Bowers & Wilkins became a household name before speaker companies had to distinguish themselves through Spotify integrations and voice recognition capability. While Bowers & Wilkins does sell speakers designed to accommodate people used to listening to music through their smartphones, Atkins acknowledges that his company lacks the expertise needed to build software that communicates with cloud services. Any company that wants to sell speakers at a significant premium would need to integrate high-end hardware with sophisticated software. Yu plans to begin selling new products that incorporate Eva’s work by early to mid-2017.

    While the details of the sale are odd, Atkins’s decision to sell isn’t a total surprise. He hinted at a potential acquisition in an interview with the Guardian last year, but that was long before talks started with Eva. Bang & Olufsen A/S, another high-end audio-equipment maker, walked away from takeover talks with a Chinese billionaire last month and replaced its CEO.

    Bowers & Wilkins’s most devoted customers will probably be skeptical about a Valley startup being the best steward for a fancy speaker brand. Audiophiles often turn their noses up at digital music companies, which have a reputation for sacrificing fidelity for convenience. “It will take some explaining,” said Atkins. “I think when the verdict comes back, it will be clear that this is exactly what Bowers & Wilkins should be doing.”

    Atkins will become CEO of the combined company, and Yu will be executive chairman. They will drop the name Eva in favor of the much more familiar Bowers & Wilkins brand. Yu and Atkins said there will be no staff cuts, and the company will continue to sell the current lineup of Bowers & Wilkins products. Atkins, who owns 60 per cent of Bowers & Wilkins, will take a significant ownership stake in the new company. Bowers & Wilkins’s outside investors, Caledonia Investments and Sofina, will cash out.

    Yu has been a Silicon Valley dealmaker for years. He was chief financial officer at YouTube when Google bought the company for $1.65 billion. At Facebook, he helped the social network raise money from Microsoft. As a partner at Khosla Ventures, he was an early investor in Square Inc. He also owns part of the 49ers and championed the football team’s new stadium in the Valley.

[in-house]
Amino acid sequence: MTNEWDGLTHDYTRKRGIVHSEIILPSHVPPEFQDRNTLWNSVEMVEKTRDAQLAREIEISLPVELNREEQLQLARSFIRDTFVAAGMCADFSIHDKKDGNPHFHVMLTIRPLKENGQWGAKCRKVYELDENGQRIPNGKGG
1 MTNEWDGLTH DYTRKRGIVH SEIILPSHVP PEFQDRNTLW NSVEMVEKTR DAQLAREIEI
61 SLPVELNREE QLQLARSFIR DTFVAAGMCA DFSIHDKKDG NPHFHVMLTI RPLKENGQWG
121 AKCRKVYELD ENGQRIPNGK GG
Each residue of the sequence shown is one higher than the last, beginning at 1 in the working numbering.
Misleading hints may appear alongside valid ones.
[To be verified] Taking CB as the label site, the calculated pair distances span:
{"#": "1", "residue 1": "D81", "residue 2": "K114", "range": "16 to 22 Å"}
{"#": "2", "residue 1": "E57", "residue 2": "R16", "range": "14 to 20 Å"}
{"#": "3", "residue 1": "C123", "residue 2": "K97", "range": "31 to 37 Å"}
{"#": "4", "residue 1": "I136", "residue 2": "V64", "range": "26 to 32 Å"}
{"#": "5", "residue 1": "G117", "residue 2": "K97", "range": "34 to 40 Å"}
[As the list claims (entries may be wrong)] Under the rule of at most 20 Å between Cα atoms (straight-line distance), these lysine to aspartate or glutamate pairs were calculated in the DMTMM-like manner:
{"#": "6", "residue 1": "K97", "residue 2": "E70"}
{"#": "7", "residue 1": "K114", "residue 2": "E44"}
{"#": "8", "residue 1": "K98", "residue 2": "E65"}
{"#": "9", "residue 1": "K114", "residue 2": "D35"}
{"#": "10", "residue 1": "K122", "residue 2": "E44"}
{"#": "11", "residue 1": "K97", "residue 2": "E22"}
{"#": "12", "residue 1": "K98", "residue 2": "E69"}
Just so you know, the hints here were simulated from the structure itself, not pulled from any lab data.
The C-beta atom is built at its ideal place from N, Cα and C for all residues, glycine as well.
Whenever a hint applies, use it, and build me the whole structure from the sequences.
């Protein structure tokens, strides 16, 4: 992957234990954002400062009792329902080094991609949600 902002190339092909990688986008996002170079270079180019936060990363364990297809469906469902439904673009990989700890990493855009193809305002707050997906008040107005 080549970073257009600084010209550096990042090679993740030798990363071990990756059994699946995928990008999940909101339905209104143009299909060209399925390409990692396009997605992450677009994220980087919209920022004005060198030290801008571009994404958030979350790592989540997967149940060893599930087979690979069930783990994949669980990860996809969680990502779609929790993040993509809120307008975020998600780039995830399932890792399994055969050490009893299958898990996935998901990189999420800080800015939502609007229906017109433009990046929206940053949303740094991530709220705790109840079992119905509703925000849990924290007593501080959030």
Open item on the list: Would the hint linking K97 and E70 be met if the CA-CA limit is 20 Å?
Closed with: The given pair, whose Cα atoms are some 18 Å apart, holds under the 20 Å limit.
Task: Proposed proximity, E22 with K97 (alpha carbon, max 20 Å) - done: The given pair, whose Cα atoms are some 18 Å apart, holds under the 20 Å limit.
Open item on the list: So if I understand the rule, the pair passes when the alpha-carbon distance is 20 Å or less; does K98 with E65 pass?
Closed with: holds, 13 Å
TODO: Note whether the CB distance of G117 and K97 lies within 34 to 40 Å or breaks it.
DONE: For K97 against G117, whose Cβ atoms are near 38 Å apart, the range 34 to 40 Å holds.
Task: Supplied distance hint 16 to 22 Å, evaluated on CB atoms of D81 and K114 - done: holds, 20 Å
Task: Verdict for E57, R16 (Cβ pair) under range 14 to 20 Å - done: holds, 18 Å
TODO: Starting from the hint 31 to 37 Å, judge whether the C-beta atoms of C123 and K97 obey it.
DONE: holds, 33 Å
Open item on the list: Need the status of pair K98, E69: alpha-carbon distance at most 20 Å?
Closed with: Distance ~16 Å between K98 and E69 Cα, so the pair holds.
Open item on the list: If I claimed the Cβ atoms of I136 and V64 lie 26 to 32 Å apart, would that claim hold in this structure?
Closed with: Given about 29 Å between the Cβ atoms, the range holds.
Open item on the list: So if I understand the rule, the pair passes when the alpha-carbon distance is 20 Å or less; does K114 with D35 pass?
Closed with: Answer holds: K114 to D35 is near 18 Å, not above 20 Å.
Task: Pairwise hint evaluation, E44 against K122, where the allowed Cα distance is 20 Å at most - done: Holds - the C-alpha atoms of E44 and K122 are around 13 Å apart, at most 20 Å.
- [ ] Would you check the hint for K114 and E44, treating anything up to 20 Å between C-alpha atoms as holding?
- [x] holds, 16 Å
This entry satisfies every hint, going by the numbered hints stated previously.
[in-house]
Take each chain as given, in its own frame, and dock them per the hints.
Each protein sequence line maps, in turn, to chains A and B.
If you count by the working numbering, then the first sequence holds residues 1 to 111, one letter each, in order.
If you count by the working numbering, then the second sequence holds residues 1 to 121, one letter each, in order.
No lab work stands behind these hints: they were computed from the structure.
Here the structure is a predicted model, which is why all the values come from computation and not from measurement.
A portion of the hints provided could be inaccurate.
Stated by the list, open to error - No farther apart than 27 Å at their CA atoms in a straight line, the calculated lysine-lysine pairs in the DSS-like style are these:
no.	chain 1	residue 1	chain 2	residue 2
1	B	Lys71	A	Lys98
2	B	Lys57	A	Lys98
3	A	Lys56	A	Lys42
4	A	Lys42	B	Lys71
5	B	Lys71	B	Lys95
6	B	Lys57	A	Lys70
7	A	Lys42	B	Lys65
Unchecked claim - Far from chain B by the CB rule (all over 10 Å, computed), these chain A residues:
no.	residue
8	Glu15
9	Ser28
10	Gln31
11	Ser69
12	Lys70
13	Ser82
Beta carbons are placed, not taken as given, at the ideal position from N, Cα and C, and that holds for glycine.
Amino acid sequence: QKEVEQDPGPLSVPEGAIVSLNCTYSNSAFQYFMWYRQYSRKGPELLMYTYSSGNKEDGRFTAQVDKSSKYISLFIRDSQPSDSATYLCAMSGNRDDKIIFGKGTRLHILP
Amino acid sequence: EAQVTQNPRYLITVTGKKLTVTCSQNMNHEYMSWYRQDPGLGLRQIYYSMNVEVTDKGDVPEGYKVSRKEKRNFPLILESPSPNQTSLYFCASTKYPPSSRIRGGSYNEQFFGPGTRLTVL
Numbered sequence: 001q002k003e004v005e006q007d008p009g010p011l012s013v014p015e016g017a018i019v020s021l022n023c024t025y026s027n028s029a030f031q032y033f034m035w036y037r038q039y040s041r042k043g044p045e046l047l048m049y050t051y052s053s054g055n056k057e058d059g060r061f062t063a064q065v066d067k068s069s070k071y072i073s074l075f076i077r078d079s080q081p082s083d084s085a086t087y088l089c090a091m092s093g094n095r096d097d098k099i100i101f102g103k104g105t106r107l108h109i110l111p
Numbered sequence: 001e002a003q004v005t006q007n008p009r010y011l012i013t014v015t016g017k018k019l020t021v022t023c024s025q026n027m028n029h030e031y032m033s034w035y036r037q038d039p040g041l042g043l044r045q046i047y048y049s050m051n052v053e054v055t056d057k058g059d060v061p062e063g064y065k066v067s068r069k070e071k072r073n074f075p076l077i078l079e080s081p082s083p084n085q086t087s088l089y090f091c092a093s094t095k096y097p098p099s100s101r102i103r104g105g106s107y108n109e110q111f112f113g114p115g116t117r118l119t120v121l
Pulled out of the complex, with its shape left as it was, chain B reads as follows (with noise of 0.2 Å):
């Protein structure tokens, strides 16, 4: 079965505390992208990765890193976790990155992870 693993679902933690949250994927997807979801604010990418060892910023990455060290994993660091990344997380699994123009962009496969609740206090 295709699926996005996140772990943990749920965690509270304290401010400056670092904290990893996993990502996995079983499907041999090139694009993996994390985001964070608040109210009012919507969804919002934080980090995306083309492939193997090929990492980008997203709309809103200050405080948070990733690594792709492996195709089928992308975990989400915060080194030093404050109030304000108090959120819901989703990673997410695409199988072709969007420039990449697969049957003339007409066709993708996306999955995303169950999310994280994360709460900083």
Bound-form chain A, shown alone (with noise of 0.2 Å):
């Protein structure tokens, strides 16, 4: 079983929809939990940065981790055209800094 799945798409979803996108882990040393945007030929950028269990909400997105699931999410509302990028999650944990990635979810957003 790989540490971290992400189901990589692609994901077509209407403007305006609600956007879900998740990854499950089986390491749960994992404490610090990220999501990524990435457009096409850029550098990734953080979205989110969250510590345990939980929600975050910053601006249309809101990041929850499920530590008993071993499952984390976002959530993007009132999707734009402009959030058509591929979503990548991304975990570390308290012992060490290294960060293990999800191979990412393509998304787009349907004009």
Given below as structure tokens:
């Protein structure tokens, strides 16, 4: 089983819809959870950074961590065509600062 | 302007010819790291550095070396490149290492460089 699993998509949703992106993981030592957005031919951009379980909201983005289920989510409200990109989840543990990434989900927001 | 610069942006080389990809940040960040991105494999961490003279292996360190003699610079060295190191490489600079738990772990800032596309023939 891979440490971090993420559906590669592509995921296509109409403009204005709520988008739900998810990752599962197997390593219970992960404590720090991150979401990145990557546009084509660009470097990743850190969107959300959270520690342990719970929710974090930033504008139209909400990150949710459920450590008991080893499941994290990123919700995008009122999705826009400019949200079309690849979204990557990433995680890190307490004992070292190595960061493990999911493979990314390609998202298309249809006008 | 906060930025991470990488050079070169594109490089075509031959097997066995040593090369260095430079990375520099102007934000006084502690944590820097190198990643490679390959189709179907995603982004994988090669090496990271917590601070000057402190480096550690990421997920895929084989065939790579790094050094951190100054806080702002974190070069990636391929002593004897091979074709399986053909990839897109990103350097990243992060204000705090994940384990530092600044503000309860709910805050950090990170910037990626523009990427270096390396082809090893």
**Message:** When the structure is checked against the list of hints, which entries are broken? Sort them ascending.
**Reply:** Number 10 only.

Yu said his latest deal is a potential model for other well-funded startups. “I think there will be others to follow,” he said. “This is the way that Silicon Valley and other industrial companies raise the game for consumer-brand electronics.”

  • BBC Business News: Chinese shares suffer sharp losses
    The Shanghai Composite falls 2.8% as shares in Chinese coal and steel companies are hit.
  • Business Matters: Accommodation-listing service Airbnb is looking at moving into other businesses, its co-founder has said.

    Nathan Blecharczyk told the BBC the willingness of people to stay in the home of a stranger showed the demand for personal connections while travelling, reports The BBC.

    He said the company was now looking at pairing hosts and guests for tours, playing sport, and other activities.

    Airbnb operates in 34,000 cities in 191 countries and is valued at about $25bn.

    The company, which allows anyone to rent out spare space in their home to tourists, advertises its service as “experience a place like you live there”.

    “What we’ve demonstrated is there’s an immense appetite to travel more authentically and immerse yourself in culture… as opposed to having a commoditised experience,” said Mr Blecharczyk, the company’s chief technology officer.

    He said the company’s hosts, of which there are more than a million, wanted to participate more in guests’ experiences.

    “Maybe that’s someone going for a bike ride on their favourite bike route or doing a game of Frisbee, something as simple as that,” he said.

    “But connecting with real people having a good time, that’s something not currently available in the professionalised world of hospitality.

    “We’re thinking beyond accommodation.

    “What are the sort of things people are doing outside their home?

    “How can we help them to better connect with the local spots, the local people?”

    Mr Blecharczyk was speaking in Delhi, where the company is pushing to attract new business after seeing growth of 115 per cent in the past year.

    It now lists 18,000 properties across India.

    Any expansion by the company into new territory is likely to be closely observed by opponents.

    The city of Berlin began implementing restrictions on private rentals through the service at the start of May, which it called “a necessary and sensible instrument against the housing shortage”.

    It follows a similar move in the company’s home city of San Francisco late last year to limit short-term rentals.